For the first time, scientists have grown plants in lunar soil collected by NASA’s Apollo astronauts.
Scientists had no idea if anything was growing in the moon’s dirt. They wanted to see if it could be used to grow food by the next generation of lunar explorers. The results surprised them.
Robert Ferl of the University of Florida’s Institute of Food and Agricultural Sciences was surprised at the results. “Plants actually grow in lunar thing. Are you joke me?” he said.
Ferl and other researchers planted Thale cress, a small flowering plant, in lunar soil returned from the Apollo missions. The good news is that all the seeds have sprouted.
The bad news was that after the first week, the lunar soil stressed the plants so much that they grew slowly. Most moon plants ended up being stunted, that is, small or not fully grown.
The results of the study appeared recently in the publication Communications Biology.
The longer the soil was exposed to radiation and the solar wind on the moon, the more the plants seemed to deteriorate. The soil collected by the Apollo 11 mission was the least suitable for growth. It was exposed a few billion more years to the elements, the scientists said.
Simon Gilroy of the University of Wisconsin-Madison was not part of the study. He said: “It’s a big step forward to know that you can grow plants.” Gilroy added: “The real next step is to go do it on the surface of the moon.”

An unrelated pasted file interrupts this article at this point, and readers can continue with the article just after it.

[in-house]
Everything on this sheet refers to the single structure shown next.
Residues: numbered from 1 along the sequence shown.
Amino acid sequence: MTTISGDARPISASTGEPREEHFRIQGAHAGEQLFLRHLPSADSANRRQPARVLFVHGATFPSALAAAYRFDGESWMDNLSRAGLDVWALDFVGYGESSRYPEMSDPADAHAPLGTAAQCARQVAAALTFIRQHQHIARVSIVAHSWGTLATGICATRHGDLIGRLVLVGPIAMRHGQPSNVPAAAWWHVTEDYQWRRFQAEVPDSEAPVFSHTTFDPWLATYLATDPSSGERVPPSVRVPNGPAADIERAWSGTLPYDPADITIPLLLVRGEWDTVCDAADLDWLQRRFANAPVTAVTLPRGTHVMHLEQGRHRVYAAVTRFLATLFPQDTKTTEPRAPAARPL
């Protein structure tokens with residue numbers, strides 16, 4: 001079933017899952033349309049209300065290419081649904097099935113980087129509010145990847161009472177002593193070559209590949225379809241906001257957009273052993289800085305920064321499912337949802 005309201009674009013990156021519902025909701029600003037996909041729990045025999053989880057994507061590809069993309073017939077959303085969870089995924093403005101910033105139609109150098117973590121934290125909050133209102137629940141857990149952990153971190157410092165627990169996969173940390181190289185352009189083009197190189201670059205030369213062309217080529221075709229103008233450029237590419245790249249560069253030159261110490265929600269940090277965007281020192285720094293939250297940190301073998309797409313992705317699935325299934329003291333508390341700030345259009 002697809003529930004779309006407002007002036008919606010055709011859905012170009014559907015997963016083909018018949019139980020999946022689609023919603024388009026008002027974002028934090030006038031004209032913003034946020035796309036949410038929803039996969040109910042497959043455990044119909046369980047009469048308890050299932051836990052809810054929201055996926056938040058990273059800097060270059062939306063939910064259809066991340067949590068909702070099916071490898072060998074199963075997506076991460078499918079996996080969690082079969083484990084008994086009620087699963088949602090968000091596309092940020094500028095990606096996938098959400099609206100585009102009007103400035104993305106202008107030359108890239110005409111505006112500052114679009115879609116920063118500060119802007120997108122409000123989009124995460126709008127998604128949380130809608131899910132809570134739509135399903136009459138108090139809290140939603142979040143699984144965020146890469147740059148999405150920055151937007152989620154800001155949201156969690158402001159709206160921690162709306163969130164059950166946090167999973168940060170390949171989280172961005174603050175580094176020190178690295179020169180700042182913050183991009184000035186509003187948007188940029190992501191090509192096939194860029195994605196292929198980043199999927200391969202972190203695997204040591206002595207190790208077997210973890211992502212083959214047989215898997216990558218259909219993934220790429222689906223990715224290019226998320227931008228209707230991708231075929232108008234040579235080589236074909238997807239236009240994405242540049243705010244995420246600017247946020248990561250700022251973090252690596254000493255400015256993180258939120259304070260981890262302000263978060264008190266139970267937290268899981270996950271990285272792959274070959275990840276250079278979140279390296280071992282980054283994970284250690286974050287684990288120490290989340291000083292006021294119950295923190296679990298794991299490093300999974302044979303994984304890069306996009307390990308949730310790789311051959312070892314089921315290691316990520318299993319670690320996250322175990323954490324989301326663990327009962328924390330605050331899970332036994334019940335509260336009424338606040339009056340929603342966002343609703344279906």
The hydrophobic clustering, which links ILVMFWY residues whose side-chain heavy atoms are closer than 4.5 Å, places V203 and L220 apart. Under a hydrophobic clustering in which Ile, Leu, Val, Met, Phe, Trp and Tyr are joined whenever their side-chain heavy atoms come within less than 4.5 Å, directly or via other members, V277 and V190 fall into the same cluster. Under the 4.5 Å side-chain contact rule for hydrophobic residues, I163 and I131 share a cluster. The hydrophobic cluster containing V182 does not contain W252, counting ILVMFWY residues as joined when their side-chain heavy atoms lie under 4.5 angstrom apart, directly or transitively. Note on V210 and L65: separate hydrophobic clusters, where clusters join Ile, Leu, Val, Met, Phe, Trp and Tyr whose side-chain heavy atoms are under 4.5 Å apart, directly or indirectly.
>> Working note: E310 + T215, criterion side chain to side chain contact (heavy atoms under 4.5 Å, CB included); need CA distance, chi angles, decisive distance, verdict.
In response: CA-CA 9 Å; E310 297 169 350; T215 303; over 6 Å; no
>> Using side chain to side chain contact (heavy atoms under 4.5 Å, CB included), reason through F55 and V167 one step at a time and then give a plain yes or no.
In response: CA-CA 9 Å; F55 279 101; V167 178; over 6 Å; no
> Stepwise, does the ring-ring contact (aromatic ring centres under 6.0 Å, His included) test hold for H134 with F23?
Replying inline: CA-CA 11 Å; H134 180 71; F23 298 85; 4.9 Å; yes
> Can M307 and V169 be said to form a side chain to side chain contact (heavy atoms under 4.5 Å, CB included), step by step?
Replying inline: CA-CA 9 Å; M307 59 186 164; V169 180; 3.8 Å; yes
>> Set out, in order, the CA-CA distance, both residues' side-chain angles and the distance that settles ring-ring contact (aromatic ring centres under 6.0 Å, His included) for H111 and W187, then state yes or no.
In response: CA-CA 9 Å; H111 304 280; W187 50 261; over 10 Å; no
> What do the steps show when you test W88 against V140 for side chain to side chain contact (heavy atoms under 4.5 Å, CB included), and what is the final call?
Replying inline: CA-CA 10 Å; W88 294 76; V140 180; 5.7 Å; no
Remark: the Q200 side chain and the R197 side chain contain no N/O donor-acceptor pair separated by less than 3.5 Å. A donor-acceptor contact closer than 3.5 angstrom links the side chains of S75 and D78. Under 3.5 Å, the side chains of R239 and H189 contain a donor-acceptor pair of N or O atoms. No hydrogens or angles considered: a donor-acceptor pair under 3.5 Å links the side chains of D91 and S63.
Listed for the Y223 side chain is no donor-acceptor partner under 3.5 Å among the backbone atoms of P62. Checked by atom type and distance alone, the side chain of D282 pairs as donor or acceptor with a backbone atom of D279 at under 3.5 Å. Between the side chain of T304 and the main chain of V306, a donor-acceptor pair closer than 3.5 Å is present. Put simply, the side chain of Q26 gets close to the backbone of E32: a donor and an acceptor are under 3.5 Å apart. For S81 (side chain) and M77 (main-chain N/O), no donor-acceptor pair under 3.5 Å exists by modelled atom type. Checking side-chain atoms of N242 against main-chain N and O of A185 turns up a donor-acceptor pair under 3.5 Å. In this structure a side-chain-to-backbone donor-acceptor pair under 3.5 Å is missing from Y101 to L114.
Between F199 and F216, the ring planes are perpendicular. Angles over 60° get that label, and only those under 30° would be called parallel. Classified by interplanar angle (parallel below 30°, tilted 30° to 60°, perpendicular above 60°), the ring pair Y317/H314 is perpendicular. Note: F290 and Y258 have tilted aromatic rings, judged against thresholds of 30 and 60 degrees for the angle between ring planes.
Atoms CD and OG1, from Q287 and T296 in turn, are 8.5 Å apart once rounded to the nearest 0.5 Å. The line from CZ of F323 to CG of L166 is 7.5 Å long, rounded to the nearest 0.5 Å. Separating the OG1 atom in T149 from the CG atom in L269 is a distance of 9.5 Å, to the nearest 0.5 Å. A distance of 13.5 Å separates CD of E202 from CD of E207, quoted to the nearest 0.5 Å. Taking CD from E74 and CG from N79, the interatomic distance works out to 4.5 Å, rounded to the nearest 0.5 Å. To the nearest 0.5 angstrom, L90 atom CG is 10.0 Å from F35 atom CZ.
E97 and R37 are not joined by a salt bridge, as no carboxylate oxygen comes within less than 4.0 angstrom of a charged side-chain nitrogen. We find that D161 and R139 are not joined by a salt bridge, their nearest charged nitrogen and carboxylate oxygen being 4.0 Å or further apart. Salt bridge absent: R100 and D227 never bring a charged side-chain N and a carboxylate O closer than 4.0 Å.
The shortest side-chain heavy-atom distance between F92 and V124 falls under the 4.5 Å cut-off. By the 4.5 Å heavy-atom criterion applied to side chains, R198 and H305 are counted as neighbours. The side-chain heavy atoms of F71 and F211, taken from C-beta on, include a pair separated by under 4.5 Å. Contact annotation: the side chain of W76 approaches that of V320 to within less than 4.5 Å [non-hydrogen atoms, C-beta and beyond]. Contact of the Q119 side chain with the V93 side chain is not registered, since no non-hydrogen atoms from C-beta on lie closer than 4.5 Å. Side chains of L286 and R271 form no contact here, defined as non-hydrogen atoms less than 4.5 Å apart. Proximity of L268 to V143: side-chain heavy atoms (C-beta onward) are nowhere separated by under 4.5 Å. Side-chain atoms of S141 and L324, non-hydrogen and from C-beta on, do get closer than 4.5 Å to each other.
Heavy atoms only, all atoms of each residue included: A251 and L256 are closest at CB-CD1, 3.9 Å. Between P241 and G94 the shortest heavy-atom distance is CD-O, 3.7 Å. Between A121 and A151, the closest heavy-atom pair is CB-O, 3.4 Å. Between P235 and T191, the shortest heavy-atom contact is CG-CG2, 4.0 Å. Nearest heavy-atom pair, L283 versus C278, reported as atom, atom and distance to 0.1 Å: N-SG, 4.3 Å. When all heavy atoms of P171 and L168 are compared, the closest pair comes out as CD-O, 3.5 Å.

Moon dirt is full of glass particles from micrometeorite repercussions. These particles entered the Apollo lunar landers and wore out the moonwalkers’ space suits.
One solution could be to use younger geologic spots on the moon, like lava flows, to excavate the ground. The environment could also be modified by adding special nutrient blends or artificial lighting.
Only 382 kilograms of lunar rock and soil were brought back by the six Apollo crews that landed on the moon. Most of them are still locked away, forcing researchers to experiment on Earth with soils made up of volcanic ash.
Early last year, NASA finally donated 12 grams of soil to researchers at the University of Florida for the planting experiment. NASA has said the time has finally come for such an experiment, with the space agency looking to put astronauts back on the moon in a few years.
The best situation would be for future astronauts to use local soil for indoor planting instead of setting up a hydroponic or all-water system, the scientists said.
Sharmila Bhattacharya is a NASA program scientist for space biology. Bhattacharya used the term optimize – meaning to make something as good or as efficient as possible – to describe the work ahead of us.
She said: “The fact that something has grown means that we have a very good starting point, and now the question is how to optimize and improve.”
Florida scientists hope to reuse their lunar soil later this year, planting more watercress before eventually moving on to other plants.
I am John Russell.
Marcia Dunn reported this story for The Associated Press. John Russell adapted it for VOA Learning English.
words in this story
lunar – adj. of or pertaining to the moon
child – v. talk to (someone) in a way that is not serious: say things that are not true for (someone) in a joking way
micrometeorite — n. a meteorite so small that it can pass through the Earth’s atmosphere without heating up intensely; a very small particle in interplanetary space